Although they’re both from Texas, actor Ethan Hawke and writer-director Richard Linklater met in New York. It was in the early-1990s, and the director had come to see a play featuring an actor (not Hawke) he’d cast in his movie Dazed and Confused. Hawke and Linklater clicked, and a few years later, the director approached the former child actor (Explorers, Dead Poet’s Society) with the idea for a movie about romantic love called Before Sunrise. And so began a collaboration which would span eight movies and 20 years, and would follow Hawke’s own journey through adulthood. In the three Before movies, Hawke plays the same guy over the course of two decades. Now, in Boyhood, which Linklater shot over a dozen years, Hawke – playing the father to a child we observe become a man – grows old before our eyes again.
You’ve got to have a lot of faith in a filmmaker to commit to a project you know is going to take 12 years to complete. And there’s no other director you’ve worked with as often as Linklater. What’s the appeal?
He’s a humanist. I happen to be incredibly lucky to have a friendship and a relationship with one of the very few filmmakers working today who is really interested in people. Our ethos is the same. So I find being in his movies incredibly rewarding because he’s interested in the exact style of acting that I’m most interested in. I mean, I’ll do other things as a professional person, that’s my job, but what Rick’s going after as a filmmaker is what I want to do with my life. That’s why I find it really interesting.
Do you remember how he approached you for Boyhood? What he had in mind?
It was really clear. There are a lot of movies about growing up, but they all try to kind of condense the experience of childhood into one moment. And Rick had this theory that childhood was more like a long string of firecracker moments that shape and define you. So he had this idea of hiring a six-year-old boy, and writing a movie in very much the same process that we did with Before Sunset, which involved letting Julie Delpy and I participate in the writing. He really wanted to do the same thing for the young actor. What the Before trilogy is to romantic love, Boyhood does for growing up and family. I knew exactly what he was thinking about.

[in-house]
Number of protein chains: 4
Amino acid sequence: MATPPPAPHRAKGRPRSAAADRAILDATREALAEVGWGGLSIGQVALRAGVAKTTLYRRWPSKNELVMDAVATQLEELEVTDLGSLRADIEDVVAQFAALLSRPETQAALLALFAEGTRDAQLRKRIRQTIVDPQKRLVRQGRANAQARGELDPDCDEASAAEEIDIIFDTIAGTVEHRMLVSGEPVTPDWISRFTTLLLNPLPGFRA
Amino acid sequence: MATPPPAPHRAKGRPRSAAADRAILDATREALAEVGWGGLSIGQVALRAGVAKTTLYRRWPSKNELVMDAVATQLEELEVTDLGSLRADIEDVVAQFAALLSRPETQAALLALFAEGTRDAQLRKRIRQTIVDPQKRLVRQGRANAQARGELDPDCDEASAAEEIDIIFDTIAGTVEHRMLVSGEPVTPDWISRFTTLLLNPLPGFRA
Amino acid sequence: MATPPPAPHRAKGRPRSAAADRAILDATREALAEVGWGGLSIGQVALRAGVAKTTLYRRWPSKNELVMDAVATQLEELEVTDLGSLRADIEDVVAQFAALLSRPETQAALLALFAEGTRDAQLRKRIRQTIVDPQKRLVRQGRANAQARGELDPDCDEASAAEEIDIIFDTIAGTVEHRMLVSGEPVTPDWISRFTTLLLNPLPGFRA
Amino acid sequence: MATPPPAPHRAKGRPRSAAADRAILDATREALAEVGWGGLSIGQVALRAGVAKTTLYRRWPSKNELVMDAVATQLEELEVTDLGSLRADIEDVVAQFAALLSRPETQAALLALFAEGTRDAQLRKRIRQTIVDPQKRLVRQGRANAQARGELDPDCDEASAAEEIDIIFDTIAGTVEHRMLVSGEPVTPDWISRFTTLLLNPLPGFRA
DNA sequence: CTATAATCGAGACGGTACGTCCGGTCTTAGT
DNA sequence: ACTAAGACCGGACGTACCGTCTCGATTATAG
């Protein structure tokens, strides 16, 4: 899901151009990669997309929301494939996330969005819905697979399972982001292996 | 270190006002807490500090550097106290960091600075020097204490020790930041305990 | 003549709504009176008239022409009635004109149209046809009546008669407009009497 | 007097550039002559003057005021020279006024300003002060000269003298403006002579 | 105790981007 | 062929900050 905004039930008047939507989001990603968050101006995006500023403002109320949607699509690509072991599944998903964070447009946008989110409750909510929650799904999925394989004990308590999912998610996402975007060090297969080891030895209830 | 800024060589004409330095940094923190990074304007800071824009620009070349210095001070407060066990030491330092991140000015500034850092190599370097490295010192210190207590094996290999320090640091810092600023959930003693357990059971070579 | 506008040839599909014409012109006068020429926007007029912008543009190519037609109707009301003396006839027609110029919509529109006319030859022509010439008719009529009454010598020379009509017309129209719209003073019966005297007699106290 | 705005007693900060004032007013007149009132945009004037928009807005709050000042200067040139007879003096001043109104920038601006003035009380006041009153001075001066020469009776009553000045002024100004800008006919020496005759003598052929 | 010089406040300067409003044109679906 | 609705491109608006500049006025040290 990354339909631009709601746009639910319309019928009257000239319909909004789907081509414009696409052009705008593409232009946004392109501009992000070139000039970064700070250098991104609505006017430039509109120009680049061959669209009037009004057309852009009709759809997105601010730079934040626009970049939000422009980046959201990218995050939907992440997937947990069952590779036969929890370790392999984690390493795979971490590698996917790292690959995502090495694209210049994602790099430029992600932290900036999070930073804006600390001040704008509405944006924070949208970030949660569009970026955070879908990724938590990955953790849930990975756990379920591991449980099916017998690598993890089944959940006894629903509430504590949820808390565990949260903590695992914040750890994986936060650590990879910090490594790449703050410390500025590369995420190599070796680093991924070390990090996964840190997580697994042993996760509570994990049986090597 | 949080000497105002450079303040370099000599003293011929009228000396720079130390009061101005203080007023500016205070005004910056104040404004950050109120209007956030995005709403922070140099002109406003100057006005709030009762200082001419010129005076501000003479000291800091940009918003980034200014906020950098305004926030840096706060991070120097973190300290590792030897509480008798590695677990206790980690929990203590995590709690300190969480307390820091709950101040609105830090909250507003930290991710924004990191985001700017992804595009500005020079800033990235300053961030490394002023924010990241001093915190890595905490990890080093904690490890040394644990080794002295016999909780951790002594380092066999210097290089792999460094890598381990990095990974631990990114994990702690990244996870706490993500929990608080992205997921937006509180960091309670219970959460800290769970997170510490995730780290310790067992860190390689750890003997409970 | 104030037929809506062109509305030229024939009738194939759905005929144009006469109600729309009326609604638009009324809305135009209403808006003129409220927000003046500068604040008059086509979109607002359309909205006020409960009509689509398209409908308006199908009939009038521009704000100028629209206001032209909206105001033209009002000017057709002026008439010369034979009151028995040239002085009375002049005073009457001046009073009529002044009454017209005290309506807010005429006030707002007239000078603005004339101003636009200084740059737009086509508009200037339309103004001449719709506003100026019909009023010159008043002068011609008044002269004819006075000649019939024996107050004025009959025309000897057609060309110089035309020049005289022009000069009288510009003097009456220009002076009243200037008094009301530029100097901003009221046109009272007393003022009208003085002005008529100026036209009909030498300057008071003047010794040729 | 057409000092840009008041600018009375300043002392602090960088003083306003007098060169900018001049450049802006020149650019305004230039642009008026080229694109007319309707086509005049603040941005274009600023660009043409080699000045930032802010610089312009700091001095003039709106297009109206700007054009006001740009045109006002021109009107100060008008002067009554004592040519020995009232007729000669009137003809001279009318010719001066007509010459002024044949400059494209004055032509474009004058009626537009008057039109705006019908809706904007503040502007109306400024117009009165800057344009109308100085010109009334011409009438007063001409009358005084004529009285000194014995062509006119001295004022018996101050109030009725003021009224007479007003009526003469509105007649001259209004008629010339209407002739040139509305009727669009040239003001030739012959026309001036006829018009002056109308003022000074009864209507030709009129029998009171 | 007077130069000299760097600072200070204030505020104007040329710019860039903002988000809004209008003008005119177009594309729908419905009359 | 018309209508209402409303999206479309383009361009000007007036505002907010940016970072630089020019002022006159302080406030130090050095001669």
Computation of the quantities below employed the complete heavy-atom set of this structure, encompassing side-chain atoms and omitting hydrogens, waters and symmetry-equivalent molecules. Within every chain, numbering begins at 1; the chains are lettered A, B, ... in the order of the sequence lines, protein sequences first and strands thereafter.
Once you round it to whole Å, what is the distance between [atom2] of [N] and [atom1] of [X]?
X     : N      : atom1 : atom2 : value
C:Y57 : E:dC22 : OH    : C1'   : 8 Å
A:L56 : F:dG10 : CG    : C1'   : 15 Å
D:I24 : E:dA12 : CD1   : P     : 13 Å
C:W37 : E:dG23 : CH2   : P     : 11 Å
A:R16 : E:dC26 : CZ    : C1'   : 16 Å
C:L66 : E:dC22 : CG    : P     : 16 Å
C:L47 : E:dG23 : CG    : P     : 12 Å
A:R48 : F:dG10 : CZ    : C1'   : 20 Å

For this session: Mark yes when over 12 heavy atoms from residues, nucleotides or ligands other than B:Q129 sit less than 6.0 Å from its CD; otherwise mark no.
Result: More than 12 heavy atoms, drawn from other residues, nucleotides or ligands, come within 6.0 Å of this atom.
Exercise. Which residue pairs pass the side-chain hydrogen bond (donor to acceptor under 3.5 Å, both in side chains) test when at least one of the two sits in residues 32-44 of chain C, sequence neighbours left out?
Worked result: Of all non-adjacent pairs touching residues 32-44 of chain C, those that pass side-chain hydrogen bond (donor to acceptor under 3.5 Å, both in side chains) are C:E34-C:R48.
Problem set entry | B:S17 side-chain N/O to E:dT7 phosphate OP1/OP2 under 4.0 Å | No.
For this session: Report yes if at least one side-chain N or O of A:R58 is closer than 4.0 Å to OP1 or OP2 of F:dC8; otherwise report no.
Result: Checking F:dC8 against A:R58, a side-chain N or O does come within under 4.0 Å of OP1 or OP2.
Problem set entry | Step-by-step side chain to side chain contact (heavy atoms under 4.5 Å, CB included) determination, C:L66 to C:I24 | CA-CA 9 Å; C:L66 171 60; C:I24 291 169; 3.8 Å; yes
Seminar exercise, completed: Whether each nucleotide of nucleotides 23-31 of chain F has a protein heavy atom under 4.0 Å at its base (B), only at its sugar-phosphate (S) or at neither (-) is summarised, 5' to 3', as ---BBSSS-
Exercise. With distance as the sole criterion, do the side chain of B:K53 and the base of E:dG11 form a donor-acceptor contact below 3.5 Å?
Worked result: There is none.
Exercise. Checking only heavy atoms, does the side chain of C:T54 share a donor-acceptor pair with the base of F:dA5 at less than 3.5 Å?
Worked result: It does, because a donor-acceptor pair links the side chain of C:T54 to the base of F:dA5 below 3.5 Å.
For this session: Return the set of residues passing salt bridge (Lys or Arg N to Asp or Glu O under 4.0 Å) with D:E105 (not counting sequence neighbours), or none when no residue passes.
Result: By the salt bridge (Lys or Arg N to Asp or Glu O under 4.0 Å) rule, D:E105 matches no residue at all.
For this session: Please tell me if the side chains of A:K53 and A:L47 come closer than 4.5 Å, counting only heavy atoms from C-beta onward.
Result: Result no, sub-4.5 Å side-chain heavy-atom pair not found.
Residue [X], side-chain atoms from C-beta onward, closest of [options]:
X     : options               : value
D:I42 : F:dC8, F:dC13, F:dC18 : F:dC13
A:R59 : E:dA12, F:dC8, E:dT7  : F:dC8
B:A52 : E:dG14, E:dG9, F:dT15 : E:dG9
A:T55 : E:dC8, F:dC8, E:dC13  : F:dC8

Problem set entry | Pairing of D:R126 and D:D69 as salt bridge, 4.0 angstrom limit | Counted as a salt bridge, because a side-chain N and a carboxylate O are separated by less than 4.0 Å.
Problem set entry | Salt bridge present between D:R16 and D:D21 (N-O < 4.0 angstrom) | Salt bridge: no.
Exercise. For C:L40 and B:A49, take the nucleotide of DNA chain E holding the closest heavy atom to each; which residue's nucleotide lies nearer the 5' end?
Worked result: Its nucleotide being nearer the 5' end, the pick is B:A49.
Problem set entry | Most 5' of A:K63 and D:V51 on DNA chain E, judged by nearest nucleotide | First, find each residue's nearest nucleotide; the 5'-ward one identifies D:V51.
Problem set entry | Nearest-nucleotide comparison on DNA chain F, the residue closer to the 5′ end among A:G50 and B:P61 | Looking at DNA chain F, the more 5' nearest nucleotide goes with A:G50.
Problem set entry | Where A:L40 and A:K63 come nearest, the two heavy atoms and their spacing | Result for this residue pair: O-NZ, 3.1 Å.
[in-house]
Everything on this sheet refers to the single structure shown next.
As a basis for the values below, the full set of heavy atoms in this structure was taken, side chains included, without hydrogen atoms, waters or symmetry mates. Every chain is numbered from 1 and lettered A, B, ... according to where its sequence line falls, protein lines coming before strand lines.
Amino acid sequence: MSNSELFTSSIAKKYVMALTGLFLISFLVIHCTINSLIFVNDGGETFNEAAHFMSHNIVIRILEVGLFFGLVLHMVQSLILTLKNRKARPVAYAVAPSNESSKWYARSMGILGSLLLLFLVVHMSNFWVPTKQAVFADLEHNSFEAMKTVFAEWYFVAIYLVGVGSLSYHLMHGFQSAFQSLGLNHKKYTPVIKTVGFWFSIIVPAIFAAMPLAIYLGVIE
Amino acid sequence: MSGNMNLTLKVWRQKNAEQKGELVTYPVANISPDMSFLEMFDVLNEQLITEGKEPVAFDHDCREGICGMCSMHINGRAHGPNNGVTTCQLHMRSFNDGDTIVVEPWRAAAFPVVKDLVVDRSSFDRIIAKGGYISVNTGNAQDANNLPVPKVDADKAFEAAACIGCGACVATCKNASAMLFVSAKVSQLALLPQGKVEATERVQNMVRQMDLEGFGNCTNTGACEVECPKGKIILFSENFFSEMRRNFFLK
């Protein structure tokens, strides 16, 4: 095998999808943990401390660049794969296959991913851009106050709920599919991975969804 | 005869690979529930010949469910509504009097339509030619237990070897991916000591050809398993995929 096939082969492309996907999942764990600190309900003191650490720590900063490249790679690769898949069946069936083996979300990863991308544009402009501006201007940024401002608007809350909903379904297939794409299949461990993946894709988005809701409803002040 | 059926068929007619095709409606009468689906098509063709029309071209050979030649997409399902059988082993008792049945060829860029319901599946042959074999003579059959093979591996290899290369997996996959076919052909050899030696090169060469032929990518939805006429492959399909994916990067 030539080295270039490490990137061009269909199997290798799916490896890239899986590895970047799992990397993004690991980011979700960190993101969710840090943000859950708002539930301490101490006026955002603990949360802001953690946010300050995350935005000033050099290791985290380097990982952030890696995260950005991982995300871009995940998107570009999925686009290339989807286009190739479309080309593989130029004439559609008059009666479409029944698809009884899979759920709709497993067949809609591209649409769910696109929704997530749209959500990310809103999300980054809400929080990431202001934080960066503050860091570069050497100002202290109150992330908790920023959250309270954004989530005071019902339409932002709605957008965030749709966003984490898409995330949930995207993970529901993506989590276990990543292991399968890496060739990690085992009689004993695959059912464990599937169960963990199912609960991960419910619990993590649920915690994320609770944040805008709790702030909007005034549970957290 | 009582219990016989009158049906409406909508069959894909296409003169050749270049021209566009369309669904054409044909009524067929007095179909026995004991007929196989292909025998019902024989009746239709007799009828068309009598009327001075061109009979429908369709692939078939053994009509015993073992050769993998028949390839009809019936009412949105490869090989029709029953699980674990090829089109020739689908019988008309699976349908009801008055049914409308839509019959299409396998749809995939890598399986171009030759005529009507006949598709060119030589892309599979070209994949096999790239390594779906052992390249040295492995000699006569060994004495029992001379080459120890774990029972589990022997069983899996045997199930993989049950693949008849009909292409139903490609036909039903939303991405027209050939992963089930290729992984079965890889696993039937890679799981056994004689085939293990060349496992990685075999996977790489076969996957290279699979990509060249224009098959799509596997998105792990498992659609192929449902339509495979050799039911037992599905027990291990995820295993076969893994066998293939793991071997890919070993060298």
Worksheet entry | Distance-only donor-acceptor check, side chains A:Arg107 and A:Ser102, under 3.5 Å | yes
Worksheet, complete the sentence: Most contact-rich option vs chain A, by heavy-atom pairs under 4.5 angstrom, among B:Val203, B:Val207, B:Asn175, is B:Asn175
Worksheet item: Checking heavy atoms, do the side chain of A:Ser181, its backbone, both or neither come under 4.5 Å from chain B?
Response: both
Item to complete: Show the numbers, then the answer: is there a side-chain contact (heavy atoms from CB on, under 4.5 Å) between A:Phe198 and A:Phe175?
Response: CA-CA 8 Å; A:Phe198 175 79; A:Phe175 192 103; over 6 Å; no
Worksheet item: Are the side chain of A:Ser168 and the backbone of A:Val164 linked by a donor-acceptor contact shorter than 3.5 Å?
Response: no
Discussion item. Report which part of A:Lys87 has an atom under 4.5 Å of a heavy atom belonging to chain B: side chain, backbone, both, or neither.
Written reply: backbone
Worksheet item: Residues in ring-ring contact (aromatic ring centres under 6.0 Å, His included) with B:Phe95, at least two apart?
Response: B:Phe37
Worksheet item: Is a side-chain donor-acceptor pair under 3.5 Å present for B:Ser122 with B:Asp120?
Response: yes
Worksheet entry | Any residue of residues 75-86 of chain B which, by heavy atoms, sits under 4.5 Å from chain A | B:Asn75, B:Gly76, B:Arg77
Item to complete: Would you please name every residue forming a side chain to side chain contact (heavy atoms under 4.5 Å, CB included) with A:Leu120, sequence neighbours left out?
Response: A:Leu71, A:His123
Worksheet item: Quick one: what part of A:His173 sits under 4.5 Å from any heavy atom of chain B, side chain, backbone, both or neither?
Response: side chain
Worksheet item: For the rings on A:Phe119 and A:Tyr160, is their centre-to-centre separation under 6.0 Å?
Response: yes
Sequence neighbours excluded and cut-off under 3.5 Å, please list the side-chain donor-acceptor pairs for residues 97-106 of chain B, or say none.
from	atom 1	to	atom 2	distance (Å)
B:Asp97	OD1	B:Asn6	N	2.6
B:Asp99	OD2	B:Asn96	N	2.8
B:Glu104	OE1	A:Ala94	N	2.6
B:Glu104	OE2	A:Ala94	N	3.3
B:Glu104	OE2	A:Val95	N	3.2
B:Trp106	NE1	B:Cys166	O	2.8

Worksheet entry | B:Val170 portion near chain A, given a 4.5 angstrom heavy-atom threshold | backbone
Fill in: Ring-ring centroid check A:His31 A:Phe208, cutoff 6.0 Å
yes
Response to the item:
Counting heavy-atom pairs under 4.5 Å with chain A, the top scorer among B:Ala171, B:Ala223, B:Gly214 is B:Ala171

How does that process actually work?
It’s incredibly strange and unlike any other. It works like this: Rick has a basic structure. We knew that we were going to see these characters, the boy’s mother and father, from the children’s point of view. Rick and I were both interested in the way that parents slowly change. For this father, we wanted to create a portrait of a guy who at the beginning of the movie doesn’t really know how to be a dad. And he slowly kind of figures it out, to the point where he’s probably actually a much more successful parent to his second family than he was to his first.
As well as acting, you’ve written a couple of novels and now you’re completing a documentary about the piano teacher Seymour Bernstein. Has working with Linklater inspired your own creative process?
How could it not? I’ve spent years of my life standing next to him, even the point when I even had the idea to do this documentary. I’ve always been really interested in mentorship and just how lacking I think it is in a lot of our adult lives. Most of us have a real longing to grow wiser and make use of these experiences that we start to collect, but a lot of us don’t have the tools to do it. Sometimes a certain kind of professor or teacher can push your thinking forward. A lot of us just don’t have mentors in our lives.
Linklater is also one of the most experimental of American filmmakers. He seems to pursue ideas no matter what the risk. Did that inspire your own artistic direction?
Yeah, although I didn’t really need inspiration to do that. I needed permission. One of the great experiences of my life was Before Sunrise. Because Rick kind of gives himself permission to do all those interesting things that a lot of people don’t do. It’s no coincidence that after Before Sunrise, I wrote my first novel. I had never met someone of my own generation who was letting himself be the person he wanted to be without worrying where the chips fell, or what people thought about it. When you try to combine the arts with your livelihood, it’s a tricky endeavour. A lot of people really do get lost, and I’ve always really admired the way that Rick’s brain works. We all like to be near people who are living the life they want to lead.
This interview has been condensed and edited.
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